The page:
GOP Rep. Chip Roy of Texas is seen ahead of a House vote

Rep. Chip Roy (R-Texas) is pictured before a House vote on November 17, 2021.

(Photo: Tom Williams/CQ-Roll Call, Inc. via Getty Images)

House GOP Using Omnibus Fight as 'Trial Run' for Ploy to Cut Social Security and Medicare, Critics Warn

"MAGA extremists in Congress are dusting off an old conservative playbook for when they seize power," said one progressive watchdog.

The U.S. House of Representatives on Friday passed a $1.7 trillion government funding package to avert a partial shutdown, but not before hearing the vocal objections of far-right Republicans who have signaled their plans to pursue spending cuts—specifically targeting Social Security and Medicare—once they take control of the chamber next month.

Leading up to the Senate's vote Thursday to send the omnibus to the House, dozens of Republicans spearheaded by Rep. Chip Roy of Texas urged their colleagues in the upper chamber to "use every tool possible to kill this bill," raising well-worn complaints about the national debt and threatening to do all they can to obstruct ordinary congressional business in the next session.

"If any omnibus passes in the remaining days of this Congress, we will oppose and whip opposition to any legislative priority of those senators who vote for its passage—including the Republican leader," Roy and 30 other House Republicans wrote in a letter to the Senate GOP on Wednesday. "We will oppose any rule, any consent request, suspension voice vote, or roll call vote of any such Senate bill, and will otherwise do everything in our power to thwart even the smallest legislative and policy efforts of those senators."

House Minority Leader Kevin McCarthy (R-Calif.), who is fighting to become the next speaker, endorsed the threat from the Republican group, which had hoped to delay work on the omnibus until the GOP assumed control of the House.

To progressive watchdogs, the House GOP's fervent campaign against the must-pass spending package offered a preview of how Republicans will wield their majority in the lower chamber to wreak havoc and pursue longstanding right-wing policy goals in 2023.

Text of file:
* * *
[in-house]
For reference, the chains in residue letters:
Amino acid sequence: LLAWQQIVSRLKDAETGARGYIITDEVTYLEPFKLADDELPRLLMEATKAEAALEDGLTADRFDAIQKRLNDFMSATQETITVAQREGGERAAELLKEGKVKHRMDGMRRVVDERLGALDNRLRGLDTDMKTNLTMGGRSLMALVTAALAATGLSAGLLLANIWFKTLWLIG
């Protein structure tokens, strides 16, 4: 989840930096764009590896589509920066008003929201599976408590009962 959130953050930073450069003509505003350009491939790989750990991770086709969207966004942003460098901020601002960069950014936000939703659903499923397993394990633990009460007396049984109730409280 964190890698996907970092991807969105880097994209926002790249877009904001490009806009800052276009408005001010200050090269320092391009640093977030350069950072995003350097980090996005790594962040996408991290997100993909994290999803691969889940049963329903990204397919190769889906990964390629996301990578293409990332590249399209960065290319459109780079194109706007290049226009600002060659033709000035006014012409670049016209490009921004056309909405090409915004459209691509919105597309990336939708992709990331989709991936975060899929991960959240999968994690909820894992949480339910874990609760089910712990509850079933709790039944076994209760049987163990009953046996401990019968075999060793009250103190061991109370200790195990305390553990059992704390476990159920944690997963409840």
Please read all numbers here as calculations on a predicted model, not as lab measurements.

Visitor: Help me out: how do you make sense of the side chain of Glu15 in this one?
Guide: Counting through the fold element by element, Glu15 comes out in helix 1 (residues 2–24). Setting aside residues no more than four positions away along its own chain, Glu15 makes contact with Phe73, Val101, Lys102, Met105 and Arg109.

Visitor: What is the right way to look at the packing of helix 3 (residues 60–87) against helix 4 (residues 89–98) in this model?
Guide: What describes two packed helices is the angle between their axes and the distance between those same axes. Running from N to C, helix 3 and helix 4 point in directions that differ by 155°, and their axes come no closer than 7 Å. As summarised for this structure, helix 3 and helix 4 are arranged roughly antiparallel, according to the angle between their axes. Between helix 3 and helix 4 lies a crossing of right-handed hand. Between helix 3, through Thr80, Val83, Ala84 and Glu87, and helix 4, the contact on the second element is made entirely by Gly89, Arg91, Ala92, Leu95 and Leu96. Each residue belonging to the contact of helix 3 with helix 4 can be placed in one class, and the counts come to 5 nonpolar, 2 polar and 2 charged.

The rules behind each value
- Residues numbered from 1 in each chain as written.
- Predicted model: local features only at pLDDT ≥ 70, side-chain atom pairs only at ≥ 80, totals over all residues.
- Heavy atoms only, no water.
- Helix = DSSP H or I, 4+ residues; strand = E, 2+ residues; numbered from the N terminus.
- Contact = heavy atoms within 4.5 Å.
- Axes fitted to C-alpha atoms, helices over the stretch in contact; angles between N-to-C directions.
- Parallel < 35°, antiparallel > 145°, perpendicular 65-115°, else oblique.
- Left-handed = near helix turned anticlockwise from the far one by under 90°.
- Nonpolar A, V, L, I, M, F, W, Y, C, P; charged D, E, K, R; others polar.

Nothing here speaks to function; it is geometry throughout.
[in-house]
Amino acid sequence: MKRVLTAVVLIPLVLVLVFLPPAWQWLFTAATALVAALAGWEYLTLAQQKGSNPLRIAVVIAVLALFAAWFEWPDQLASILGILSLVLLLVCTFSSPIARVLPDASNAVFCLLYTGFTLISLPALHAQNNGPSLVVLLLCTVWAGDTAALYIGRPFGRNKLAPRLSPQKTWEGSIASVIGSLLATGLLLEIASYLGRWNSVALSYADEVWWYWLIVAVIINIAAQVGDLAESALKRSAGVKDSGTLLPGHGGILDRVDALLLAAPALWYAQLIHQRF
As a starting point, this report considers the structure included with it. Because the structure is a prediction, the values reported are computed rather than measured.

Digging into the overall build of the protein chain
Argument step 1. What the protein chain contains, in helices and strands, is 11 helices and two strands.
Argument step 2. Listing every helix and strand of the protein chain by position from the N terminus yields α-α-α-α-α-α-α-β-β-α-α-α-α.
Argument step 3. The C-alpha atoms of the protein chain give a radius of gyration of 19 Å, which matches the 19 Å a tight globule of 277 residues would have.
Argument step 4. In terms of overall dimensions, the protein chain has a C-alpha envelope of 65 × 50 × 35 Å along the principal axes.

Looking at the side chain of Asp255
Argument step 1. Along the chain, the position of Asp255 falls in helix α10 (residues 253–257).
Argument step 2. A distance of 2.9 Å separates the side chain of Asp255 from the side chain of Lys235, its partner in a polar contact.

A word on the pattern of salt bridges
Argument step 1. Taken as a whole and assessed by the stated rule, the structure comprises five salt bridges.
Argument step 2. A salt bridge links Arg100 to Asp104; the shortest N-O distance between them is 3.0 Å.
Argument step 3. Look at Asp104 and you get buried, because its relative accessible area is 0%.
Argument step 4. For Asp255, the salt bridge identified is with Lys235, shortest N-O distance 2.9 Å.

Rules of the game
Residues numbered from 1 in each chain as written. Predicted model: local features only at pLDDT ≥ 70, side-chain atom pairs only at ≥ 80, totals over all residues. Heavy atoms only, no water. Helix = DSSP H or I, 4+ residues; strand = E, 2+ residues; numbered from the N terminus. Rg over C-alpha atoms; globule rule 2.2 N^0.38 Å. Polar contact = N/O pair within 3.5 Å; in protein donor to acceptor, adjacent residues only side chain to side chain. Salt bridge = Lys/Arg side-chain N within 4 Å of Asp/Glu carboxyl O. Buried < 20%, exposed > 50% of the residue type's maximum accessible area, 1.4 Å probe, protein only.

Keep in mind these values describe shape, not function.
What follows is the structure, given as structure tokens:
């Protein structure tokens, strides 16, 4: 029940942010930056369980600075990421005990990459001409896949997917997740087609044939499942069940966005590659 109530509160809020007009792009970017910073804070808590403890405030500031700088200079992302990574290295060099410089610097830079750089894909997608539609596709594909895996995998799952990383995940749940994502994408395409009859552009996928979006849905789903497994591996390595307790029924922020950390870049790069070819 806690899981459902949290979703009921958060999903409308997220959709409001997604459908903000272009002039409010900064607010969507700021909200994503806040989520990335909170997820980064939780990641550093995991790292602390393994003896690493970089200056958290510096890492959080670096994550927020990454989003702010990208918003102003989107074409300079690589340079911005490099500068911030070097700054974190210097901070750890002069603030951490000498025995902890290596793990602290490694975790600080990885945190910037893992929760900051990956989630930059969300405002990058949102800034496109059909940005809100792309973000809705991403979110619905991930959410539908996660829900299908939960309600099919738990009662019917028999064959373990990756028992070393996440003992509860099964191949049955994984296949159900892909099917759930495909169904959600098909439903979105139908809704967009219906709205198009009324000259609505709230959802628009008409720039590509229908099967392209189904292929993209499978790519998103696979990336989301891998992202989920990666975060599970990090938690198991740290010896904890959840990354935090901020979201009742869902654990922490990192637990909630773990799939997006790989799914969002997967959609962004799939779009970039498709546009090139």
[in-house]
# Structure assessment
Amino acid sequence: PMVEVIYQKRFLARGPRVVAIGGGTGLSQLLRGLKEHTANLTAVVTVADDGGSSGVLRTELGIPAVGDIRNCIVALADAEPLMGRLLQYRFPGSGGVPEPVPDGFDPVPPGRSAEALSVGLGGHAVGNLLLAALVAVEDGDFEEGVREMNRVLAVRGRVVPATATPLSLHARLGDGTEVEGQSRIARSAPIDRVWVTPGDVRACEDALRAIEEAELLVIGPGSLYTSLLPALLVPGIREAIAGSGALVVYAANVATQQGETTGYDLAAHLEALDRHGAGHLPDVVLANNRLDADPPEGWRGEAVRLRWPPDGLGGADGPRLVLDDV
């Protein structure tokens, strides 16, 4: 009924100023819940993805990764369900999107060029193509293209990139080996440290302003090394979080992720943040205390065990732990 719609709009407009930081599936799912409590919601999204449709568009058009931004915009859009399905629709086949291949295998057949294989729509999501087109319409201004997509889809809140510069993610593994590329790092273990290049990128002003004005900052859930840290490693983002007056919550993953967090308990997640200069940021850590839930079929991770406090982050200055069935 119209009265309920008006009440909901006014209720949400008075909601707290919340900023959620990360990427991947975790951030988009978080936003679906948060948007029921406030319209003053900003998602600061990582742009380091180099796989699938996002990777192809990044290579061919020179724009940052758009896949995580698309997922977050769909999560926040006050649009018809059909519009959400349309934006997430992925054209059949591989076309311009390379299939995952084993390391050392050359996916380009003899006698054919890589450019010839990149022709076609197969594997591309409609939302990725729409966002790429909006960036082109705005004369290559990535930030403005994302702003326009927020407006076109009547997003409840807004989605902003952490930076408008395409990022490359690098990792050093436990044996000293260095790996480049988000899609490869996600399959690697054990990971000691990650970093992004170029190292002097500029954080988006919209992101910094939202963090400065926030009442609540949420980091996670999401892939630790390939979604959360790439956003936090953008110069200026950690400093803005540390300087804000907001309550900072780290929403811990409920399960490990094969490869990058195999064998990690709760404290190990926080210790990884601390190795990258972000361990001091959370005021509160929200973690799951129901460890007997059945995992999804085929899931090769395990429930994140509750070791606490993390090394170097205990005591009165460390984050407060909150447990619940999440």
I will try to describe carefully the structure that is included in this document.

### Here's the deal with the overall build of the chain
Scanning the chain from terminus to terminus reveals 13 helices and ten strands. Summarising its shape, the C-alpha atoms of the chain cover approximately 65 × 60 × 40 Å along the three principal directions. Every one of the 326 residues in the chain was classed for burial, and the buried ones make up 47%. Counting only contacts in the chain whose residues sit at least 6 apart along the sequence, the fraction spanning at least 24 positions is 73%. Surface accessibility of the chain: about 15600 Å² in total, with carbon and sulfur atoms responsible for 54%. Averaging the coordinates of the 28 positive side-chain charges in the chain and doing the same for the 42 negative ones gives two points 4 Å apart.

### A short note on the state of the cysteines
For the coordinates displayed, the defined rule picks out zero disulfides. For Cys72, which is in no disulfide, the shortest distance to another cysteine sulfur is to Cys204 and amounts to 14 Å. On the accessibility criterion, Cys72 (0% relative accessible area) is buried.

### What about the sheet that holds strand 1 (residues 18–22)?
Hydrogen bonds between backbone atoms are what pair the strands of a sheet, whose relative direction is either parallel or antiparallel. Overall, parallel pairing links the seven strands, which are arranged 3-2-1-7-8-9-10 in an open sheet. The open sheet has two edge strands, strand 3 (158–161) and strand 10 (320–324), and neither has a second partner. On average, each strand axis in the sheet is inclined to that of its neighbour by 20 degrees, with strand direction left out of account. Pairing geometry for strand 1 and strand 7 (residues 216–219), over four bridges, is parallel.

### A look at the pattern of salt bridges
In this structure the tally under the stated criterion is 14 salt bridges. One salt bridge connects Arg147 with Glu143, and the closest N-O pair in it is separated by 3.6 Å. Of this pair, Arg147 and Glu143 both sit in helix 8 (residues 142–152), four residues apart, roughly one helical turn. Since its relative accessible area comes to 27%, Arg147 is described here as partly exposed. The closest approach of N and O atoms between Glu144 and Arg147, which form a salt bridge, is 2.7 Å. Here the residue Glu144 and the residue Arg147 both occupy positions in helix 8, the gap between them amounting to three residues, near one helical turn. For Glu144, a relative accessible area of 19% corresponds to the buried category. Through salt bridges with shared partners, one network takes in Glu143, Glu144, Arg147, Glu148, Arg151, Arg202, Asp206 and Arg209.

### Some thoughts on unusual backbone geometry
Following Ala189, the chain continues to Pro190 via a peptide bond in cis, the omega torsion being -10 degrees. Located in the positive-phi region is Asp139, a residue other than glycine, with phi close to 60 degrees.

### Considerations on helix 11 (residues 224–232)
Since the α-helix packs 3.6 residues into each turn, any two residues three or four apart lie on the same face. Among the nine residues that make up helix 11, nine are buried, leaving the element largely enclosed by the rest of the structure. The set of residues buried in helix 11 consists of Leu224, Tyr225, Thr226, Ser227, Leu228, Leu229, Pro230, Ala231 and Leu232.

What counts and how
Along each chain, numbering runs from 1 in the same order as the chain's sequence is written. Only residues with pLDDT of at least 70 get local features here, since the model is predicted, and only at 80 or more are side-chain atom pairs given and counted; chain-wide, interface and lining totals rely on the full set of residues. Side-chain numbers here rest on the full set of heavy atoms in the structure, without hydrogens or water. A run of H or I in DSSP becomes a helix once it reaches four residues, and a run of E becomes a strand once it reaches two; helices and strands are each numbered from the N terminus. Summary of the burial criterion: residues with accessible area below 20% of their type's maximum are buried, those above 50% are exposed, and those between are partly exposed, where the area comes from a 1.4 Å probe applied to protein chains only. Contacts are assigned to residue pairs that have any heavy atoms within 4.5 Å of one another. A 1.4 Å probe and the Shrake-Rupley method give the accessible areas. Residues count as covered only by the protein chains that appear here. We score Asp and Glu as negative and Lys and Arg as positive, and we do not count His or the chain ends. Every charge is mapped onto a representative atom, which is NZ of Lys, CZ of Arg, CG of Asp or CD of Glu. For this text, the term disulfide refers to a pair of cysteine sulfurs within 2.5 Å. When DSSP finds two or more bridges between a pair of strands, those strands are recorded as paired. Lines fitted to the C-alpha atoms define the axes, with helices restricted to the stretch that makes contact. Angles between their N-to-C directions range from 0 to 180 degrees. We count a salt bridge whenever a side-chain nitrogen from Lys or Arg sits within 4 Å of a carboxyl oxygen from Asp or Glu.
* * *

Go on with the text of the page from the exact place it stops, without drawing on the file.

"MAGA extremists in Congress are dusting off an old conservative playbook for when they seize power—using the deficit they created with irresponsible tax breaks for billionaires and greedy corporations as an excuse to gut Social Security and Medicare benefits for America's seniors and working people," said Liz Zelnick, director of the Economic Security and Corporate Power program at Accountable.US.

The watchdog group cautioned that House Republicans are using the omnibus as "a trial run."

"The same MAGA Republicans feigning indignation about spending today stood silent as their deficit-busting Trump tax breaks rewarded highly-profitable corporations that have gouged working families on everything from gas to groceries," Zelnick added. "This is what Americans are in store for next year: MAGA extremists serving the interests of billionaires, profiteering corporations, and other special interests while asking everyone else to pay for it."

Ahead of the 2022 midterms, a number of House Republicans—including McCarthy—made clear they would be willing to use every opportunity to push for cuts to Social Security, Medicare, climate investments, and more, even if it means holding the federal government and the entire U.S. economy hostage.

And they may have two major opportunities to do so in the coming year.

The omnibus that the House approved Friday only funds the government through September 2023, setting up another spending battle that Republicans will likely attempt to use as leverage to enact elements of their deeply unpopular agenda, which includes possible Medicare benefit cuts and Social Security privatization.

A looming fight over the debt ceiling—which Democratic congressional leaders have failed to defuse despite urgent pleas from rank-and-file lawmakers and progressive campaigners—could give Republicans another chance to inflict harmful spending cuts, as they did during the debt ceiling showdown of 2011.

The U.S. government is set to reach the debt limit—an arbitrary figure set by Congress that dictates how much money the Treasury Department can borrow to meet its obligations—as soon as early 2023.

"This is what Americans are in store for next year: MAGA extremists serving the interests of billionaires, profiteering corporations, and other special interests while asking everyone else to pay for it."

President Joe Biden, who has in the past advocated Social Security cuts, pledged in October to oppose any GOP attack on the program.

"The Republican leadership in Congress has made it clear they will crash the economy next year by threatening the full faith and credit of the United States for the first time in our history, putting the United States in default, unless, unless, we yield to their demand to cut Social Security and Medicare," Biden said in a speech at the White House. "Let me be really clear: I will not yield. I will not cut Social Security. I will not cut Medicare, no matter how hard they work at it."

Mary Small, chief strategy officer for Indivisible, said Thursday that House Republicans' response to the omnibus foreshadows "what much of next year will look like: MAGA Republicans, desperate to out-extreme each other, ignoring the needs of everyday people."

"Their track record—from the January 6th select committee to this eleventh-hour funding bill—proves that they won't be partners in governance," said Small.

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